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contracycle
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Posts: 2807


« Reply #7 on: January 28, 2002, 05:51:24 AM »

Weird, thats my post above.  Hmm.
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Le Joueur
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« Reply #8 on: February 01, 2002, 08:16:02 PM »

Quote from: RobMuadib
One problem I have on this thinking, while true for normal abilities that define an ability to succeed at something, there is a diminished return for each greater investment. But what about abilities such as super powers and such, ones which are applications of a UE derived Value.

Since they are based on a Geometric progression. Having unlimited points to spend on the "effect" portion means a player could create a character that can destroy planets and all while someone else might have just made batman. How do you address this, Self-established limits?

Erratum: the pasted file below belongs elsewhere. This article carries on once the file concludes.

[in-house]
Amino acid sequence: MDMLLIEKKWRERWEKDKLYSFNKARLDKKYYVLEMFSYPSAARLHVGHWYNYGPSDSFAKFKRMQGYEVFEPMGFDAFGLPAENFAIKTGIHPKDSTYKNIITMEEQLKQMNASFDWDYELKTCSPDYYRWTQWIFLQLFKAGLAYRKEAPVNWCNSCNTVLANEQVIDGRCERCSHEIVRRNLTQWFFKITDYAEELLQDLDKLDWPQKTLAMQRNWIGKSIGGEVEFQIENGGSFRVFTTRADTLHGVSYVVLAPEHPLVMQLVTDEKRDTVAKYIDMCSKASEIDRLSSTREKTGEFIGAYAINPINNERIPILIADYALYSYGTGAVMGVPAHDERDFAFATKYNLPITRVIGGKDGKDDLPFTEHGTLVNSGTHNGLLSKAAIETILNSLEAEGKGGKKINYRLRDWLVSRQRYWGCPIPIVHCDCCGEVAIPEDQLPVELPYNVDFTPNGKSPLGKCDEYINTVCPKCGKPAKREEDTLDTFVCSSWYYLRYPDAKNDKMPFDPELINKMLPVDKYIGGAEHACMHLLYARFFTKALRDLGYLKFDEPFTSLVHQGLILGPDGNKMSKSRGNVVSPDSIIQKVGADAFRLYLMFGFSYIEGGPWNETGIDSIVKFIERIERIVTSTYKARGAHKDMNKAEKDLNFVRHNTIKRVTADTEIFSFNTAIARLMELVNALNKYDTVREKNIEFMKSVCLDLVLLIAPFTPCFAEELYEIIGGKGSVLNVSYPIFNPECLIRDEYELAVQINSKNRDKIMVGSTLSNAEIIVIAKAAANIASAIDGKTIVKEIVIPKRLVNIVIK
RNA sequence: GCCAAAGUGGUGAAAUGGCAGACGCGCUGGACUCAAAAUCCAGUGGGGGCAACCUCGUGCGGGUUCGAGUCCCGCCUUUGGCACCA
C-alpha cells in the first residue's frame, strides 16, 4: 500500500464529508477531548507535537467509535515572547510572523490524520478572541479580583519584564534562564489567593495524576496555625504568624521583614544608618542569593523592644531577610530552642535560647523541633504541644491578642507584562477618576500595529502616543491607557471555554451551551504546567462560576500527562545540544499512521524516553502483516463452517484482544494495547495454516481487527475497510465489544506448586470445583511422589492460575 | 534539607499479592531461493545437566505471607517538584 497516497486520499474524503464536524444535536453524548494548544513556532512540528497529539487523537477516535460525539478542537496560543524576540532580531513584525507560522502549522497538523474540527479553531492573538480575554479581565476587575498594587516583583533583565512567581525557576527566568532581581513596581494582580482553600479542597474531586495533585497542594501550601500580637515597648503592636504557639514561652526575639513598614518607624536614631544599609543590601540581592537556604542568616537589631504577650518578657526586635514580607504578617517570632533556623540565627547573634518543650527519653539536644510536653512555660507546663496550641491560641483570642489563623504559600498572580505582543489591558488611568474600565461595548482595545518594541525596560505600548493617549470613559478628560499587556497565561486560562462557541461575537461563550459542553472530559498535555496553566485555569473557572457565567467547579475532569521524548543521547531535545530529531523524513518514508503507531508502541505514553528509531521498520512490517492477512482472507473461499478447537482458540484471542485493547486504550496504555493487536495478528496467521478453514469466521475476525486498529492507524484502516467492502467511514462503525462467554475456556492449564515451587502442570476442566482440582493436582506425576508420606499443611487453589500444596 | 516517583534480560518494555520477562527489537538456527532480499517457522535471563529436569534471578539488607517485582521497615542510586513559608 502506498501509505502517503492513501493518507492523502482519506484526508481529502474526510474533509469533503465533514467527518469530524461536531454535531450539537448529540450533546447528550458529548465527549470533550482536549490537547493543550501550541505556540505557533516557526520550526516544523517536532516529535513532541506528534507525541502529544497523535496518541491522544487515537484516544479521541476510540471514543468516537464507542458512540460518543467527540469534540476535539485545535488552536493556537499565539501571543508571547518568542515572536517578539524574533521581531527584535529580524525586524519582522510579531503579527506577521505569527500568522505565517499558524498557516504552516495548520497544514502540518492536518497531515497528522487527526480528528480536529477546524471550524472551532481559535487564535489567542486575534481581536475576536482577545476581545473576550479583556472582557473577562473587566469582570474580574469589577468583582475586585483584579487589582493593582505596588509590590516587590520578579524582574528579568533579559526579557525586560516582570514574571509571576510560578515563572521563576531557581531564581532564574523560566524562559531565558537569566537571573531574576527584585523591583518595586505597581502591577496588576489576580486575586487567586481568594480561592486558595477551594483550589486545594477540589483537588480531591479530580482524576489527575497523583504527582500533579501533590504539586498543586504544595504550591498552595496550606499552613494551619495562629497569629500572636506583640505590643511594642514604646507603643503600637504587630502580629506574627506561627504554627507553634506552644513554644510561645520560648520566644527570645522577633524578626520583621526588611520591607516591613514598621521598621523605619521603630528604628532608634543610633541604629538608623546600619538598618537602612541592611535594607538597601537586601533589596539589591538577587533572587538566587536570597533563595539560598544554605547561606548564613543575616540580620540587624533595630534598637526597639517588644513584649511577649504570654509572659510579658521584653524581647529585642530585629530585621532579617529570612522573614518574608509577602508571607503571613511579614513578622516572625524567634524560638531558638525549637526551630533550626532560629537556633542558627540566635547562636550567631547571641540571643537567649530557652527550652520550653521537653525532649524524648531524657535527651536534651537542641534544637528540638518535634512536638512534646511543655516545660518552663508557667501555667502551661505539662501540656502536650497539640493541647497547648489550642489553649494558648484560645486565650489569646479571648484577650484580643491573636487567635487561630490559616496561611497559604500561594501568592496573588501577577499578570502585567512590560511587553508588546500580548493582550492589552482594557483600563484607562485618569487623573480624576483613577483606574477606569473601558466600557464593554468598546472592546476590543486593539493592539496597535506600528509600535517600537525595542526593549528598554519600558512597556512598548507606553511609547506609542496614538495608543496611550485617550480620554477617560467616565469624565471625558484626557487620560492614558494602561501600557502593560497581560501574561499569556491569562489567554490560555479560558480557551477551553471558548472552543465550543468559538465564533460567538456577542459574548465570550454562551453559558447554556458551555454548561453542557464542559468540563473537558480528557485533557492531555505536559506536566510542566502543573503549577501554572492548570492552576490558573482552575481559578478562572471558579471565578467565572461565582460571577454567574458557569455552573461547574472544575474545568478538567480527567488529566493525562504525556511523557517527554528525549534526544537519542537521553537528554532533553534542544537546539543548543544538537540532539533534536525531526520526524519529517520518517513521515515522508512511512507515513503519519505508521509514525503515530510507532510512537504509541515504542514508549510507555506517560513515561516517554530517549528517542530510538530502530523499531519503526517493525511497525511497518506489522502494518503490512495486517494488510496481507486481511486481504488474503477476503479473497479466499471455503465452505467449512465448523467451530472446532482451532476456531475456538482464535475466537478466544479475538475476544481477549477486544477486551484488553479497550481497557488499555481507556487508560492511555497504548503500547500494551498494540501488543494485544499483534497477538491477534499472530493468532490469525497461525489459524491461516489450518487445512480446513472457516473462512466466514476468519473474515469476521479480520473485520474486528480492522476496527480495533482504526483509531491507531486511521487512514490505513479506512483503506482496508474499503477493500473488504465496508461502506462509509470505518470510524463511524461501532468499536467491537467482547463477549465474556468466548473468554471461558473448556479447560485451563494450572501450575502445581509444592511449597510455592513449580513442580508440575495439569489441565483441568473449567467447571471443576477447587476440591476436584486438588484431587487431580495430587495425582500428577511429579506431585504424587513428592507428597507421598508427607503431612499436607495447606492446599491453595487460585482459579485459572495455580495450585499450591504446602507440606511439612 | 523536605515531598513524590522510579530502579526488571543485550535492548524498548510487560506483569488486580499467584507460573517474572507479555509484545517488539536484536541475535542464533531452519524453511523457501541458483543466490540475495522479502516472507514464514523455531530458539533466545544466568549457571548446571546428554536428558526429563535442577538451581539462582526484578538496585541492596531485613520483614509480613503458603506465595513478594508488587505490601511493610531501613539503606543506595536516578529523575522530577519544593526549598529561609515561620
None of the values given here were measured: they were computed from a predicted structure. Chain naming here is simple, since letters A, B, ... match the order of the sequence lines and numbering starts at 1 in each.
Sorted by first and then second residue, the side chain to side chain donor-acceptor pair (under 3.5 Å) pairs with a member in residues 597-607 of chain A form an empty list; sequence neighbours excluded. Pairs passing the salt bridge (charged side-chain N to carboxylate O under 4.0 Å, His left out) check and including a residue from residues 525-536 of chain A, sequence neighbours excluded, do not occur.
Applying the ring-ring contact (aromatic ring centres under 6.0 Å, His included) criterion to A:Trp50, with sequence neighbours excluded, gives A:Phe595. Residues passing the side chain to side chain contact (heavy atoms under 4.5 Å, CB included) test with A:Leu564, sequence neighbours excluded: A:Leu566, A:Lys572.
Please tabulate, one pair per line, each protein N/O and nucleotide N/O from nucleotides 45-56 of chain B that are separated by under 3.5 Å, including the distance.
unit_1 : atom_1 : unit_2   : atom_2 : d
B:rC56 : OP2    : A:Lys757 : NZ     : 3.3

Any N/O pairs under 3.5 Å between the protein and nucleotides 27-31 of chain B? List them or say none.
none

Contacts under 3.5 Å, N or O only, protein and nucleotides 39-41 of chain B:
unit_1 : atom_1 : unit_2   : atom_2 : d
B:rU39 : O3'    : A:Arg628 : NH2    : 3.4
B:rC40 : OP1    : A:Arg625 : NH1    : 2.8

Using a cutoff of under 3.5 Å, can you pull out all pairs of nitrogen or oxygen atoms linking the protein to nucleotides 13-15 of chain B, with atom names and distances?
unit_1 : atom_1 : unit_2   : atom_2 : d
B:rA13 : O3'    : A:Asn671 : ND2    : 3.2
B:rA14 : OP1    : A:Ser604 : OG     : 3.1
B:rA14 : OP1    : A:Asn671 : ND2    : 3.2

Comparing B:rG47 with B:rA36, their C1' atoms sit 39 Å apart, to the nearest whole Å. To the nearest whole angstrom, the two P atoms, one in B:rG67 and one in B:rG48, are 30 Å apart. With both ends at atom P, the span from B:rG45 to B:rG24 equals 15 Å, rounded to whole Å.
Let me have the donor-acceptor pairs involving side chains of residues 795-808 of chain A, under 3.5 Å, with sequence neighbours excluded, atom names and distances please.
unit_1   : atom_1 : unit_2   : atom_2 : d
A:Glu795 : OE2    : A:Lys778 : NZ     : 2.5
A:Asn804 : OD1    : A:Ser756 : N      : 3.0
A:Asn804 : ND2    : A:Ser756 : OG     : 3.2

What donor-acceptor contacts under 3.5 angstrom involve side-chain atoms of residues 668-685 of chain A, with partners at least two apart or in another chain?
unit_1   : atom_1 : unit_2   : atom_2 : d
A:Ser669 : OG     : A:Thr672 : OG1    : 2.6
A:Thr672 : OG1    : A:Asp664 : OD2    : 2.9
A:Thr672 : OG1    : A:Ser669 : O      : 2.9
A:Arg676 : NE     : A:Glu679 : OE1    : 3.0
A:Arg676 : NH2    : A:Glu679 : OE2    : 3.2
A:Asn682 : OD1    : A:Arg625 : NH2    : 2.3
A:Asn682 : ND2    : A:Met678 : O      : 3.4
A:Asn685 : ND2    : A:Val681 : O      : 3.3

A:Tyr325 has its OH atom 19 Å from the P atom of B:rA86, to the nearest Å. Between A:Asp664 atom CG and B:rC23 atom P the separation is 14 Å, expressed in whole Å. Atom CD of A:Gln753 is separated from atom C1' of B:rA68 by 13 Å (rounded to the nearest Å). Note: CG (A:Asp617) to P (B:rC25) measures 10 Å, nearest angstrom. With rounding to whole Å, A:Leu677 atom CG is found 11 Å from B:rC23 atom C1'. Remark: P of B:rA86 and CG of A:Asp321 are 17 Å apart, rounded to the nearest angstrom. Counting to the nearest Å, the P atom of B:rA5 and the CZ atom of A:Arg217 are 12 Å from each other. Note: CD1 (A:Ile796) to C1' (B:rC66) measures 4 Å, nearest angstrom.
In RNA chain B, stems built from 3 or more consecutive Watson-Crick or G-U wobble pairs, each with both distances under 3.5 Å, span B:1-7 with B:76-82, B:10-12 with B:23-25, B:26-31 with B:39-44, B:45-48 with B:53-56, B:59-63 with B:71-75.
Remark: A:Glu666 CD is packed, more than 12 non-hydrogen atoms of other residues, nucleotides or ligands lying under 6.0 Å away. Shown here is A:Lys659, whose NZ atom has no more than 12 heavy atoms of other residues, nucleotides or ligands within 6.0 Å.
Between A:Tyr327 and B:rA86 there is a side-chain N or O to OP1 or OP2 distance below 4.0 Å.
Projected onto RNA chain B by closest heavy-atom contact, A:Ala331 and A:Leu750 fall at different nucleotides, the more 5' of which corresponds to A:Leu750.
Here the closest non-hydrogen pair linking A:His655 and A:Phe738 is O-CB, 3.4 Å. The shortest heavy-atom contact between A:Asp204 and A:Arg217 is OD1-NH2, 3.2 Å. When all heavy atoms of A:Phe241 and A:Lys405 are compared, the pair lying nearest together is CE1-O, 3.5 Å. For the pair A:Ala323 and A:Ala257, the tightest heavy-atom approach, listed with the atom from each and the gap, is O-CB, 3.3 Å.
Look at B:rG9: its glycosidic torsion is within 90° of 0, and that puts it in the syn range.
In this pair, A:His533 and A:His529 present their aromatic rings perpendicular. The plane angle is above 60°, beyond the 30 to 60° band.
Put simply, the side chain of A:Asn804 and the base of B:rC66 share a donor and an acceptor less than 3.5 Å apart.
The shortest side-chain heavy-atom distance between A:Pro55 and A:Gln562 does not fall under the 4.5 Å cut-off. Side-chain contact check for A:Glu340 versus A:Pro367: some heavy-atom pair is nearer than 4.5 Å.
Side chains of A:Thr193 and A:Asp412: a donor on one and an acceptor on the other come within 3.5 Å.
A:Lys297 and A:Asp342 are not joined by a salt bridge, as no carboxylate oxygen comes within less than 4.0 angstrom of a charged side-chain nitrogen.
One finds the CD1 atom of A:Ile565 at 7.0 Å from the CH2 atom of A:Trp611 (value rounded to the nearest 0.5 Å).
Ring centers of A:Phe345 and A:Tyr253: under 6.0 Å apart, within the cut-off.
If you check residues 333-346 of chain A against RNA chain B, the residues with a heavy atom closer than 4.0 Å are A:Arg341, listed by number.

I know the I-V stuff is terribly laden with designer notes, so I can understand what's happening here.  You're confusing the ability Rating with the effect's Magnitude.

This was one of the earliest compromises we made to mathematics, you need two numbers to model enough situations for our satisfaction.  It didn't follow that you'd be better and better at doing something as you became more powerful.  Where would you model people who had fantastic power but lousy control or vice versa?  That's why almost all Ratings have a Magnitude (for skills the Magnitude is 'hidden' by having each skill define its own parameters).  Superpower, magic, and et cetera are linked to the Power Stat.  The only Ratings that do not have Magnitudes are the Stats themselves (and actually, in most cases, they function as their own Magnitudes - and this is the only case of that).